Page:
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News Link • Foreign Policy



HAVANA – Fifty years ago this month the US and USSR came terrifying close to full-scale thermonuclear war. I recalled those days of fear while staring at a rusting Soviet medium-ranged SS-4 missile displayed outside La Cabana fortress

Nuclear-armed Soviet SS-4’s, secretly brought into Cuba, were ready to destroy Washington and the entire US East Coast. Nuclear war was imminent. US forces were at DEFCON 2 and massed to invade Cuba. Washington was the prime target. As a student there at Georgetown University, I vividly recall how frightened we were, and how helpless we felt.

In the end, the Soviets prevailed in the Cuban missile crisis. President John Kennedy backed down, pledging the US would never invade Cuba. US missiles in Italy and Turkey targeted on the USSR were removed. Moscow took its SS-4’s out of Cuba.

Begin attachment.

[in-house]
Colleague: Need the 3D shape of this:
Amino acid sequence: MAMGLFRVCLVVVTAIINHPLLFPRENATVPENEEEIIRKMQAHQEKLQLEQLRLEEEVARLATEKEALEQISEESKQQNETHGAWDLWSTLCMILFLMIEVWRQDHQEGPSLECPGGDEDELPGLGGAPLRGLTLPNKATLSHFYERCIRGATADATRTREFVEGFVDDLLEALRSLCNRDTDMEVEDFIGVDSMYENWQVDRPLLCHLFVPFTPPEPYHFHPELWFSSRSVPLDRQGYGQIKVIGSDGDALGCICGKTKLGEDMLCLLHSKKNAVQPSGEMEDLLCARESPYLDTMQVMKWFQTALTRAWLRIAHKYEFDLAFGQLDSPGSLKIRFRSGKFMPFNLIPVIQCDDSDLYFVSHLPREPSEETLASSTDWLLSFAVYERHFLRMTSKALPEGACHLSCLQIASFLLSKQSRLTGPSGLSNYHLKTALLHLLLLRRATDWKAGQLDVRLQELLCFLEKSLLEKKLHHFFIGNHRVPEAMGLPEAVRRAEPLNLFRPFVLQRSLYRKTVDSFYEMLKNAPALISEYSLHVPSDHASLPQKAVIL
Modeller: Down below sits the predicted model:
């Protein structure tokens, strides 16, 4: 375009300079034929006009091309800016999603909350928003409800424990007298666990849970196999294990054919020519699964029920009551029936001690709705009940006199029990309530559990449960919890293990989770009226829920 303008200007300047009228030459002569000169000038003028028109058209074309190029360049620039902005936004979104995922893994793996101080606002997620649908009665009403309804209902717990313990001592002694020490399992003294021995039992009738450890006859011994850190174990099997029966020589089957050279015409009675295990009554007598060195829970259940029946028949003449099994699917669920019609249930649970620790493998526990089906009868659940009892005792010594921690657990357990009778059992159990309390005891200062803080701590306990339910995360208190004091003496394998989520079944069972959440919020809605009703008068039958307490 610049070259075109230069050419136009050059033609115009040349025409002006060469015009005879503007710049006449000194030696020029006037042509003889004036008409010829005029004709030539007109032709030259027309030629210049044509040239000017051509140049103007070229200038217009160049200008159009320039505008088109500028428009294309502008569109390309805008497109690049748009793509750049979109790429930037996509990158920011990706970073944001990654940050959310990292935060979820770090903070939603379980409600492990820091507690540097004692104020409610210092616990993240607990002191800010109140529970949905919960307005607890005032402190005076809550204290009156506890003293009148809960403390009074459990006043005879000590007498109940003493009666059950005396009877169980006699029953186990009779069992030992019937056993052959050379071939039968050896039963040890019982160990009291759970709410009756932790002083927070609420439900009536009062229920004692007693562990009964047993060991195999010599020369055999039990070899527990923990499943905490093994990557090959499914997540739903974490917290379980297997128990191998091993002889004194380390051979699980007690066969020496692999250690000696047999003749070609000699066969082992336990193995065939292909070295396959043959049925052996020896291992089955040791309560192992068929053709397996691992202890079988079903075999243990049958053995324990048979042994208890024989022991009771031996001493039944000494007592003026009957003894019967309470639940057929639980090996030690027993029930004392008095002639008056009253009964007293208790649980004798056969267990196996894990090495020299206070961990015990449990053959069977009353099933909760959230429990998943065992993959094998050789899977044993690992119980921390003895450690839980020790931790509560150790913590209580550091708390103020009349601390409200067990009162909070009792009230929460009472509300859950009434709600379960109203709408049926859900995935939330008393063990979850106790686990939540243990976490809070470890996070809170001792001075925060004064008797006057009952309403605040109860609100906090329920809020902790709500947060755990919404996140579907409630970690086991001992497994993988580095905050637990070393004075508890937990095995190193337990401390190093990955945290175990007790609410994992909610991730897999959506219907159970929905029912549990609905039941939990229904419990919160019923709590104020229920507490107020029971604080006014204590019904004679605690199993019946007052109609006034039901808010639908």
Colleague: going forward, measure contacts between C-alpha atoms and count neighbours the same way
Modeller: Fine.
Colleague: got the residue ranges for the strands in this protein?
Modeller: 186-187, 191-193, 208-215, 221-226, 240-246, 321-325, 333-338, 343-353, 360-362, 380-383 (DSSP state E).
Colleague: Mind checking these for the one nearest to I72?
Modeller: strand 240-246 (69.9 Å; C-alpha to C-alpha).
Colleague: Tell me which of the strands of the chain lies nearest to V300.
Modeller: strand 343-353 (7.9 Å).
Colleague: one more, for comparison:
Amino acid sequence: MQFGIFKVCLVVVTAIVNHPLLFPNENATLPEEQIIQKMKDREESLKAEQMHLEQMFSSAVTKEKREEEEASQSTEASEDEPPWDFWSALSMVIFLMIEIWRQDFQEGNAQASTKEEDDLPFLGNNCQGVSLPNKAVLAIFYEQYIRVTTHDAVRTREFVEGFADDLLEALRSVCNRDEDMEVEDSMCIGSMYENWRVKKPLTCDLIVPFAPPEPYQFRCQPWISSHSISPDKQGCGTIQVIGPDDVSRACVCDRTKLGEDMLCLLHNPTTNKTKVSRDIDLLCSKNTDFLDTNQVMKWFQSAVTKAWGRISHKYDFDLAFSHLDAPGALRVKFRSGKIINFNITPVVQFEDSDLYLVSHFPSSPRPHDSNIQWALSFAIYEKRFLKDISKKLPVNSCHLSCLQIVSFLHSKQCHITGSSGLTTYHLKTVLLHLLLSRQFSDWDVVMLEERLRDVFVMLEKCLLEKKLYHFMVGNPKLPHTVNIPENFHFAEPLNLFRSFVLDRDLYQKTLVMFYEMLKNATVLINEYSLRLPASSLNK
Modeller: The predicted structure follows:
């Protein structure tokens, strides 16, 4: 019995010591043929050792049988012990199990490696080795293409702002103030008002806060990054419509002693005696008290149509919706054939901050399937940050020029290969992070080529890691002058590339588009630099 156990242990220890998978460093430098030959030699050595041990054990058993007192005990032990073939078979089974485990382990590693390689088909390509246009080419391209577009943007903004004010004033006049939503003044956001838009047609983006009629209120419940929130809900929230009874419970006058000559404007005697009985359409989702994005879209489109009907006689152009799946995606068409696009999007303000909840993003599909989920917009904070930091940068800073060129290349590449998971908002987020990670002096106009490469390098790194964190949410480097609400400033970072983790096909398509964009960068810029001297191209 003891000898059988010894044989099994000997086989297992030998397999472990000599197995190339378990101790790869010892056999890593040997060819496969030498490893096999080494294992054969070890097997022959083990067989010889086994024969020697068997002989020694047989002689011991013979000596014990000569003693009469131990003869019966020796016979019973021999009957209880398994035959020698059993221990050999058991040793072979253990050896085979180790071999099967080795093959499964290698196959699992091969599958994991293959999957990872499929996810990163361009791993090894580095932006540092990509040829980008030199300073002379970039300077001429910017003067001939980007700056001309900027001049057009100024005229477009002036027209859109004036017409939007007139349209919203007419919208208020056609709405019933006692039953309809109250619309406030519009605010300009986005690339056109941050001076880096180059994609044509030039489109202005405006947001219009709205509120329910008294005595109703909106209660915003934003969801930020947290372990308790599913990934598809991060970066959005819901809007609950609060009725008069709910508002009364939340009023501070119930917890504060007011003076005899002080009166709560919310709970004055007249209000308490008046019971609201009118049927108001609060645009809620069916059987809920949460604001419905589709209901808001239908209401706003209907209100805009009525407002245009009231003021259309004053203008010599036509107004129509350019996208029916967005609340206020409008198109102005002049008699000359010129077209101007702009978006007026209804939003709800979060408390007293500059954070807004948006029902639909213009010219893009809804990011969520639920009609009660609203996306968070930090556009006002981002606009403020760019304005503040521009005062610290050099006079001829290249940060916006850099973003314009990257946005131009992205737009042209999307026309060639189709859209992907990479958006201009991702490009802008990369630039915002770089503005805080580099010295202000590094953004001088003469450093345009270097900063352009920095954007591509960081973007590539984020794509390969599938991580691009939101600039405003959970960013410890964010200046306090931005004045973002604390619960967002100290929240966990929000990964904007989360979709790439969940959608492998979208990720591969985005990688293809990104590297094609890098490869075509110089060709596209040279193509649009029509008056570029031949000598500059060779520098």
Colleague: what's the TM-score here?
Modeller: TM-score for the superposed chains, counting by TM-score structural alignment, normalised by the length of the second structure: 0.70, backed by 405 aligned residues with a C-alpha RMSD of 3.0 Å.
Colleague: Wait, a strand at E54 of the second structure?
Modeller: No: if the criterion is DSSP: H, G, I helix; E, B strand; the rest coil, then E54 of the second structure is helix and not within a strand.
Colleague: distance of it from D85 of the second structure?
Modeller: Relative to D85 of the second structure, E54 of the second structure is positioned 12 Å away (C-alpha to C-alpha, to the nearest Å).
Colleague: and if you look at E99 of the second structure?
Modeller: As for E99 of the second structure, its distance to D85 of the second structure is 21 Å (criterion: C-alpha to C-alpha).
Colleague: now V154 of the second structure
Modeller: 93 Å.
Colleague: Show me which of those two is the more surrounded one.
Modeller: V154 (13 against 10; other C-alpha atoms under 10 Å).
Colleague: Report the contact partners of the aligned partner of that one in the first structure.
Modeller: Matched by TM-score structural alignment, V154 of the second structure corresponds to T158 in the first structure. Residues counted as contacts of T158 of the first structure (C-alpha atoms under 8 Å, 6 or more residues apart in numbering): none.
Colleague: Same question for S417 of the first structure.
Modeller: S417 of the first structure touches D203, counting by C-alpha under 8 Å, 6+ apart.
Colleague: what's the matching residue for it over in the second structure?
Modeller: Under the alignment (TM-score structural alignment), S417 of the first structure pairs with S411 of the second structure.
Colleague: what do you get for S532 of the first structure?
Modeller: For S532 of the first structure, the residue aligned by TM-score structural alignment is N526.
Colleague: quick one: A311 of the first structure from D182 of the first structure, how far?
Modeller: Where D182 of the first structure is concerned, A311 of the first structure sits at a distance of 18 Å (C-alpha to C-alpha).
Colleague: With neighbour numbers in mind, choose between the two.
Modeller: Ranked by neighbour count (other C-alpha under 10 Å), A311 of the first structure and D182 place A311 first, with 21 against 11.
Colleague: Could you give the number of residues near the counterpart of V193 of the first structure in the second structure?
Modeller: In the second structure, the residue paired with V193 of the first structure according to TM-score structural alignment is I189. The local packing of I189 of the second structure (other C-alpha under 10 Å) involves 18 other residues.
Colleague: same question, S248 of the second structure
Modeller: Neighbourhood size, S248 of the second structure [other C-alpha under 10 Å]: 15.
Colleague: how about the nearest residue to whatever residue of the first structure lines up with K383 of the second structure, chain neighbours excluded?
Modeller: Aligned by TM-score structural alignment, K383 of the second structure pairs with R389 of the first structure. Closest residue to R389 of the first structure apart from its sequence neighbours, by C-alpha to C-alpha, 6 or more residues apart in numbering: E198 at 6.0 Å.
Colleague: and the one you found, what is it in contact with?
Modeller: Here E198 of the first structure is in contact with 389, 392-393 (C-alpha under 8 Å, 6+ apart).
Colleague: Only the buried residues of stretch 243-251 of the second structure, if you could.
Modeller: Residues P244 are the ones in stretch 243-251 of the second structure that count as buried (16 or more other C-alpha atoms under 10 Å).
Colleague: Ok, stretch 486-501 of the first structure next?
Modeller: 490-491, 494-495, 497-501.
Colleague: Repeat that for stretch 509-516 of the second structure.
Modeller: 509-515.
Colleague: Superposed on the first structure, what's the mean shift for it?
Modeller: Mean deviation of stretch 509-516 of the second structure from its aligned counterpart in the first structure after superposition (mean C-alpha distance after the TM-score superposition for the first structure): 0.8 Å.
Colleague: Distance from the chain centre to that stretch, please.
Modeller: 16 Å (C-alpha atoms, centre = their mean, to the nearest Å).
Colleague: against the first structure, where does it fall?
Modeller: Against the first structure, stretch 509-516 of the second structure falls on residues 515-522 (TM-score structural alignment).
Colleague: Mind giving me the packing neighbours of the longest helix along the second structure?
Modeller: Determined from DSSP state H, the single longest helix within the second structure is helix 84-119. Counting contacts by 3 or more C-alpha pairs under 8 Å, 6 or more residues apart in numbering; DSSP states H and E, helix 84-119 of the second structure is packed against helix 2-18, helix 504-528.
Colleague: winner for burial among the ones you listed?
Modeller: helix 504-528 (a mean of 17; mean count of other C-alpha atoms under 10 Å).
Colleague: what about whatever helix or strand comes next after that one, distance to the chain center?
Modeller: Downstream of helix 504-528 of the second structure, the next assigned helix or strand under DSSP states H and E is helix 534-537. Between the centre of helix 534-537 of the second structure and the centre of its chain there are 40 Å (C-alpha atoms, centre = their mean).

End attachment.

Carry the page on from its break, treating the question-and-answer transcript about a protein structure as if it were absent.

Soviet leader Nikita Khrushchev won his goal of saving Cuba and Fidel Castro’s Marxist regime from a US invasion. But it was such a terrifying gamble the Soviet Politburo deposed Khrushchev shortly after. Kennedy got far more credit than he deserved for the crisis.

In the early 1960’s, Communist Cuba was the vanguard of revolution in Latin America, then Africa. Fidel Castro and Che Guevara’s Cuba was the only Communist regime outside Mao’s China that had romantic appeal to western youth. Fidel’s vows to promote education, health care and land distribution sounded revolutionary when Latin America was mostly ruled by US-backed oligarchs and generals.


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